Suggestion

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suggestion (suggestion) In nineteenth-century French psychiatry, the

  term 'suggestion'     referred    to the    use of hypnosis        to  remove neurotic

symptoms; while the patient was in a state of hypnosis, the doctor would

'suggest' that the symptoms would disappear. Taking his cue from the French

psychiatrists Charcot and Bernheim, Freud began using suggestion to treat

neurotic patients in the 1880s. However, he became increasingly dissatisfied

with suggestion, and thus came to abandon hypnosis and develop psycho-

analysis. The reasons for Freud's dissatisfaction with hypnosis are hence

fundamental for understanding the specific nature of psychoanalysis. How-

  ever, it is beyond the scope of this article to enter into a detailed discussion of

these reasons. Suffice it to say that in Freud's later work the term 'suggestion'

  comes to represent a whole set of ideas which Freud associates with hypnosis

and which is thus diametrically opposed to psychoanalysis.

     Following Freud, Lacan uses the term 'suggestion' to designate a whole

range of deviations from true psychoanalysis (deviations which Lacan also

refers to as 'psychotherapy'), of which the following are perhaps the most

salient:

     1. Suggestion includes the idea of directing the patient towards some ideal or
  some moral value (see ETHIcs). In opposition to this, Lacan reminds analysts

that their task is to direct the treatment, not the patient (E, 227). Lacan is

opposed to any conception of psychoanalysis as a normative process of social

influence.

     2. Suggestion also arises when the patient'S RESISTANCE is seen as something

that must be liquidated by the analyst. Such a view is completely foreign to

psychoanalysis, argues Lacan, since the analyst recognises that a certain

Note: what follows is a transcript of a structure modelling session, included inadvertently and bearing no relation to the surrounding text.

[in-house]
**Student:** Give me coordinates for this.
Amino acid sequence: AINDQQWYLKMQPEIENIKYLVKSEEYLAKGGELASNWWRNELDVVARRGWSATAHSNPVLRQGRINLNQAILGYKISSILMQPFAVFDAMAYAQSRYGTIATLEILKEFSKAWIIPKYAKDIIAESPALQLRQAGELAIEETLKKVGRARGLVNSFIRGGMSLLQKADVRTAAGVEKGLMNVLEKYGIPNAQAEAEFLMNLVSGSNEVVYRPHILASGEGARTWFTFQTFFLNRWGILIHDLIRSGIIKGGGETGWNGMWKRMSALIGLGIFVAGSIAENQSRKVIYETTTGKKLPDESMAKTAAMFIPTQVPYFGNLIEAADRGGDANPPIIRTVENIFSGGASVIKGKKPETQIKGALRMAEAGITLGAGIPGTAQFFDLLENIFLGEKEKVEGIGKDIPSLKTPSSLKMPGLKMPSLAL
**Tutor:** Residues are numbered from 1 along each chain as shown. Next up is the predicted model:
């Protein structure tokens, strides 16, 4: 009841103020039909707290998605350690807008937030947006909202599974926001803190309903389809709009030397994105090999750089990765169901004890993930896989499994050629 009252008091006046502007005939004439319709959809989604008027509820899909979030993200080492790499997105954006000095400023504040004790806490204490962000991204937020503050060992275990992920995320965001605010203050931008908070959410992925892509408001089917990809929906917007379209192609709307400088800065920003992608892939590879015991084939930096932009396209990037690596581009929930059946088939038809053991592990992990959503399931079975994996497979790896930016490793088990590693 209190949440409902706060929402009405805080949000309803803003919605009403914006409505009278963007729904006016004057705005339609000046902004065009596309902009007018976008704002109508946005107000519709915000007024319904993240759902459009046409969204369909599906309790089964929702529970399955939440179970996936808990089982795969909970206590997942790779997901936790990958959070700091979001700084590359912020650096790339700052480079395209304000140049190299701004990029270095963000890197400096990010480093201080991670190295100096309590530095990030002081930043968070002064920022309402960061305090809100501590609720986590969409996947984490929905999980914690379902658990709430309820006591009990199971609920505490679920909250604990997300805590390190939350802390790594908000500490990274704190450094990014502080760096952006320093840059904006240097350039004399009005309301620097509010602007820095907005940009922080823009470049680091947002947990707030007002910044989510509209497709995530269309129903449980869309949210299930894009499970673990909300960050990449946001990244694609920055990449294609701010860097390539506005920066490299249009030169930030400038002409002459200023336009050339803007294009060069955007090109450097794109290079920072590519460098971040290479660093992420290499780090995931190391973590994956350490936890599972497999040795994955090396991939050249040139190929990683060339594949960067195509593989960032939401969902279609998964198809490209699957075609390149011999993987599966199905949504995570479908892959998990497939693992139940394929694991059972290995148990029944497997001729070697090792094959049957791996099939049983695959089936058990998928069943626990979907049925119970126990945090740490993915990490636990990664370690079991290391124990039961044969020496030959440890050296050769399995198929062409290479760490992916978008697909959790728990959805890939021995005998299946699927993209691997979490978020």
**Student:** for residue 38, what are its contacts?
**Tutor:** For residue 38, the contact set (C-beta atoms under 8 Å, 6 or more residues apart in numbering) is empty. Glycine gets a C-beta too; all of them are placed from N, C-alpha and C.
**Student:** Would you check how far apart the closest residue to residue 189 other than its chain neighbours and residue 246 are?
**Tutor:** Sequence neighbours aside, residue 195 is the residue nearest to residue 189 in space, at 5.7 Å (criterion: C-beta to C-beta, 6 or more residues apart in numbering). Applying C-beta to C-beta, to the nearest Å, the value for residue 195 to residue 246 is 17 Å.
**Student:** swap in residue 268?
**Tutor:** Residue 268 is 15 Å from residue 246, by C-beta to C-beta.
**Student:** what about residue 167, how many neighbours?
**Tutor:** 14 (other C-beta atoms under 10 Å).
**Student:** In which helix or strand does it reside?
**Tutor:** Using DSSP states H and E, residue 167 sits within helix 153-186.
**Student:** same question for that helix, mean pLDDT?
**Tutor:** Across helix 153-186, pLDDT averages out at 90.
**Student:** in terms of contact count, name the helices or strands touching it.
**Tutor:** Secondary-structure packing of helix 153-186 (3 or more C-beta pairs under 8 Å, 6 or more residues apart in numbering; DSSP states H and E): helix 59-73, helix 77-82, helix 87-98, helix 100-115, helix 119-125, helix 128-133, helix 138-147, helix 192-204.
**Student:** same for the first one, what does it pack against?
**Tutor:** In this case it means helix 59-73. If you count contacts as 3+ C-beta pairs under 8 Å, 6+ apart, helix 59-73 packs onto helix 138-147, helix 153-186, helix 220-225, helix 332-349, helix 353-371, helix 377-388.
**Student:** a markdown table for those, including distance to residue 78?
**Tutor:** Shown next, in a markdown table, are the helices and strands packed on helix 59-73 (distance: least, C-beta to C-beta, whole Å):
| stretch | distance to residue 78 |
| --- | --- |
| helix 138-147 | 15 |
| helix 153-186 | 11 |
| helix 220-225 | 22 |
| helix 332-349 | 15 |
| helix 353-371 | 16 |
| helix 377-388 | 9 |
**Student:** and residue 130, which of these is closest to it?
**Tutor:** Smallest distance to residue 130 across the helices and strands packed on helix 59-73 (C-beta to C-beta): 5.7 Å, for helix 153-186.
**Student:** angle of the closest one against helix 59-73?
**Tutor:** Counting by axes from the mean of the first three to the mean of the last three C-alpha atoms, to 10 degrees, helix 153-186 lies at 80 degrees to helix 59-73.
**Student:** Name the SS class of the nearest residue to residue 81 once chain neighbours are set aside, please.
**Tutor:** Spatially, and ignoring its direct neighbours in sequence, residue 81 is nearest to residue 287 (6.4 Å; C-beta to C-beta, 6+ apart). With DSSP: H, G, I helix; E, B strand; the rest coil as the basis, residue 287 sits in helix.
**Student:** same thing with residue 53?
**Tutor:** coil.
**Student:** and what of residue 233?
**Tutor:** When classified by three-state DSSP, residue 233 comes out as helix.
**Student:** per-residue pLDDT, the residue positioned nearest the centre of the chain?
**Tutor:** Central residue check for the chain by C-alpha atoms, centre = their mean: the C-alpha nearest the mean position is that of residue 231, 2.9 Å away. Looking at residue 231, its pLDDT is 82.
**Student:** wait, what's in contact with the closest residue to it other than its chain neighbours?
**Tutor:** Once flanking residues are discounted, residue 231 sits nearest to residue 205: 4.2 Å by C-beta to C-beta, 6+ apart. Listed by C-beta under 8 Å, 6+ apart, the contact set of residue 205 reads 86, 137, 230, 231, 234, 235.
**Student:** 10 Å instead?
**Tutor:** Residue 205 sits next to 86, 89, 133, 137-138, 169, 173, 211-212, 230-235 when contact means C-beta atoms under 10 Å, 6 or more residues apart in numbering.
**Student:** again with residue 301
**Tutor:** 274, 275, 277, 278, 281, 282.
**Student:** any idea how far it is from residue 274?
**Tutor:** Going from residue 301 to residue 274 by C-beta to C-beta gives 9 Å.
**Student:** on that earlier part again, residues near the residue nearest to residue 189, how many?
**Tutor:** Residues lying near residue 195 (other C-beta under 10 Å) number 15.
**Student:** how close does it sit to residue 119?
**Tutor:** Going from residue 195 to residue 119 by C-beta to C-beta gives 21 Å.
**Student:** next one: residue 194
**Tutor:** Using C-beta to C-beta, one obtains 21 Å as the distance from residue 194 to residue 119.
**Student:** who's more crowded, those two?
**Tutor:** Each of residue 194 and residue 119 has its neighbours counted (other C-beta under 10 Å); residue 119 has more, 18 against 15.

residue of resistance is inherent in the structure of the treatment.

     3. In suggestion, the interpretations of the therapist are orientated around

signification, whereas the analyst orientates his interpretations around meaning

(sens) and its correlate, nonsense. Thus whereas in psychotherapy there is an

attempt to avoid the ambiguity and equivocation of discourse, it is precisely

this ambiguity which psychoanalysis thrives on.

      Suggestion has a close relation with TRANSFERENCE (E, 270). If transference
  involves the analysand attributing knowledge to the analyst, suggestion refers
  to a particular way of responding to this attribution. Lacan argues that the

analyst must realise that he only occupies the position of one who is presumed

(by the analysand) to know, without fooling himself that he really does possess

  the knowledge attributed to him. In this way, the analyst is able to transform
  the transference into 'an analysis of suggestion' (E, 271). Suggestion, on the
  other hand, arises when the analyst assumes the position of one who really
  does know.
      Like Freud, Lacan sees hypnosis as the model of suggestion. In Group

Psychology and the Analysis of the Ego, Freud shows how hypnotism makes

  the object converge with the ego-ideal (Freud, 1921). To put this in Lacanian
  terms, hypnotism involves the convergence of the object a and the I. Psycho-

analysis involves exactly the opposite, since 'the fundamental mainspring of

  the analytic operation is the maintenance of the distance between I      - identi-
  fication - and the a' (S11, 273).